Who is the founder of psychoanalytical therapy?
What is the significance of the unconscious in psychoanalytical therapy?
Help client recognize how embedded beliefs and habitual reactions contribute to distress
What are the three systems of personality according to the Freudian Analytical view?
Id, Ego, Superego
Define the id
The part of personality, present at birth, that is blind, demanding, and insistent. Its function is to discharge tension and return to homeostasis. Ruled by the pleasure principle.
Define the ego
The part of the personality that is the mediator between external reality and inner demands.
Define the superego
The superego represents the traditional values and ideals of society as they are handed down from parents to children. It functions to inhibit the id impulses, to persuade the ego to substitute moralistic goals for realistic ones, and to strive for perfection.
Freud believed in stages of psychosexual development that influenced personality development. What are these stages.
Oral Stage Anal Stage Phallic Stage Latency Stage Genital Stage
What are the ego-defense mechanisms? Define 3
REPRESSION: Threatening or painful thoughts and feelings are excluded from awareness
DENIAL:closing one’s eyes to the existence of a threatening aspect of reality
REACTION FORMATION: actively expressing the opposite impulse when confronted with a threatening impulse
PROJECTION: attributing to others one’s own unacceptable desires and impulses
DISPLACEMENT: directing energy toward another object or person when the original object or person is inaccessible
RATIONALIZATION: manufacturing good reasons to explain away a bruised ego
SUBLIMATION: diverting sexual or aggressive energy into other channels
REGRESSION: going back to an earlier phase of development when there were fewer demands
INTROJECTION: taking in and swallowing the values and standards of others
IDENTIFICATION: identifying with successful causes, organizations, or people in the hope that you will be perceived as worthwhile
COMPENSATION: masking perceived weaknesses or developing certain positive traits to make up for limitations
What is transference?
The client’s unconscious shifting to the therapist of feelings and fantasies, both positive and negative, that are displacements from reactions to significant others from the client’s past.
What is countertransference?
The therapist’s unconscious emotional responses to a client that are likely to interfere with objectivity; unresolved conflicts of the therapist that are projected onto the client.
What is free association?
A primary technique, consisting of spontaneous and uncensored verbalization by the client, which gives clues to the nature of the client’s unconscious conflicts.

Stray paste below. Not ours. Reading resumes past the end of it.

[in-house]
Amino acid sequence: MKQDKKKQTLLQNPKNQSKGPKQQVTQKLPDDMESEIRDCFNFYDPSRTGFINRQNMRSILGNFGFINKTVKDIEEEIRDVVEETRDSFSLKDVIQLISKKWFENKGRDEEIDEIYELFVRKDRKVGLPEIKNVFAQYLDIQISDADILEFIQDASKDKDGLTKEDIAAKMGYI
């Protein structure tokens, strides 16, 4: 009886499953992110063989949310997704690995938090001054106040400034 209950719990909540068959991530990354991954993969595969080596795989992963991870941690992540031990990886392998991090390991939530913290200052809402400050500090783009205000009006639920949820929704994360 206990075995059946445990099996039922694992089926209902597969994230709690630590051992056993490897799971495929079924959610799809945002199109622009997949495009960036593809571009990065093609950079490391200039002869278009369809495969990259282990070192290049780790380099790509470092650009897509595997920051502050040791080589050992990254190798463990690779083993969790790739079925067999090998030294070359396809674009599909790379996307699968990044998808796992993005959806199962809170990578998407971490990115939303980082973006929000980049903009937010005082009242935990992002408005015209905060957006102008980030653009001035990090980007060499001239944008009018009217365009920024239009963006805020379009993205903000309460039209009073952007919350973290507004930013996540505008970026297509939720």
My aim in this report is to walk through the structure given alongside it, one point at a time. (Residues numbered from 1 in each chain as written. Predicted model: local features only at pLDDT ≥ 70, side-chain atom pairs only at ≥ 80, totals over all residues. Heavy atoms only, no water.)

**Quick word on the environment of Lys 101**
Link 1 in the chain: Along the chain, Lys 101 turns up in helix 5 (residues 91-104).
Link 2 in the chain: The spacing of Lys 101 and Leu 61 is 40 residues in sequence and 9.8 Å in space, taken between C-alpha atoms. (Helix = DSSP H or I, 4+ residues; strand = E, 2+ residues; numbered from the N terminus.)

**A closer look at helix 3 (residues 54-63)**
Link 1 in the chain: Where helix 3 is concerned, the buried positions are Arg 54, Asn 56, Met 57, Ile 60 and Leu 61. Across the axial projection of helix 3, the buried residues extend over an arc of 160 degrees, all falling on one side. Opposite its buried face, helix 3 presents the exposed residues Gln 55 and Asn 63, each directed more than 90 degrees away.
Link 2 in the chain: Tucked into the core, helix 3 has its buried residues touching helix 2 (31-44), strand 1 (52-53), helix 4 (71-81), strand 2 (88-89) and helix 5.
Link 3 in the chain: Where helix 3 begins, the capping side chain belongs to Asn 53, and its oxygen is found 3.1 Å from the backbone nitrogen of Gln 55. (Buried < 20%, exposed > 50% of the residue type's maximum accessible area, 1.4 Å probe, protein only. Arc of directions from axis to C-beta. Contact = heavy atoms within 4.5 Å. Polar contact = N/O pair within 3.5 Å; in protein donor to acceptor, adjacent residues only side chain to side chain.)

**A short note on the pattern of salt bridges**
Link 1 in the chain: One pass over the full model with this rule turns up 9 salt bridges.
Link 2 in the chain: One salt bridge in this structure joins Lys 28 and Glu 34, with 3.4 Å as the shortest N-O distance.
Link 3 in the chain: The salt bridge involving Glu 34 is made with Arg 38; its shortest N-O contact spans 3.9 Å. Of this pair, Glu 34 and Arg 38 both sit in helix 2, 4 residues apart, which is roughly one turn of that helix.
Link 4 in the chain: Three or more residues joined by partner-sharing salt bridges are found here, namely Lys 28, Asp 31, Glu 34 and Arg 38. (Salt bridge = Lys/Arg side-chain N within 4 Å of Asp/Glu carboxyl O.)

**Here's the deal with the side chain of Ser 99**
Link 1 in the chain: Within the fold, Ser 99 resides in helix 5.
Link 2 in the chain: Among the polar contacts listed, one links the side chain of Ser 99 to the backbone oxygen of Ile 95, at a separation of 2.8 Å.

What is dream analysis?
A technique for uncovering unconscious material and giving clients insight into some of their unresolved problems. Therapists participate with clients in exploring dreams and in interpreting possible meanings.
What is resistance?
The client’s reluctance to bring to awareness threatening unconscious material that has been repressed.
What does the psychoanalytic approach look like in practice?
Use of silence Nonjudgmental interpretation (hunches, not pronouncements of truth)
What are Erik Erikson’s Psychosocial stages?
Trust vs. Mistrust Autonomy vs. Shame/Doubt Initiative vs. Guilt Industry vs. Inferiority Identity vs. Role Confusion Intimacy vs. Isolation Generativity vs. Stagnation Integrity vs. Despair
Define the Object Relations Theory.
A new version of psychoanalytic thinking, which focuses on predictable developmental sequences in which early experiences of self shift in relation to an expanding awareness of others. It holds that individuals go through phases of autism, normal symbiosis, and separation, and individuation, culminating in a state of integration.
Define the Relational Model.
A model that characterizes therapy as an interactive process between client and therapist in which countertransference provides an important source of information about the client’s character and dynamics.
Define Self Psychology.
A theory that emphasizes how we use interpersonal relationships (self objects) to develop our own sense of self.
Name two art therapists that implement the psychoanalytic theory.
Margaret Naumburg & Edith Kramer
Describe an art therapy intervention related to the psychoanalytic approach.
Round robin dream analysis activity.
Define 3 of Jung’s important concepts.
ANALYTICAL PSYCHOLOGY: focuses on the role of symbolic experiences in human life
COLLECTIVE UNCONSCIOUS: the part of the unconscious mind which is derived form ancestral memory and experience and is common to all humankind, as distinct from the individual’s unconscious.
PSYCHIC ENERGY: carries emotions, expressed through persona (mask)
SHADOW: thoughts, feelings, and actions that we tend to disown by projecting them outward
ARCHETYPES/ SYMBOLS: The images of universal experiences contained in the collective unconscious.
COMPLEX: emotionally charged collection of images and ideas in the psyche.
What is individuation?
the harmonious integration of the conscious and the unconscious aspects of personality.
Name 3 Key concepts of psychoanalytic therapy?
The unconscious, the importance of early development, and transference/ countertransference.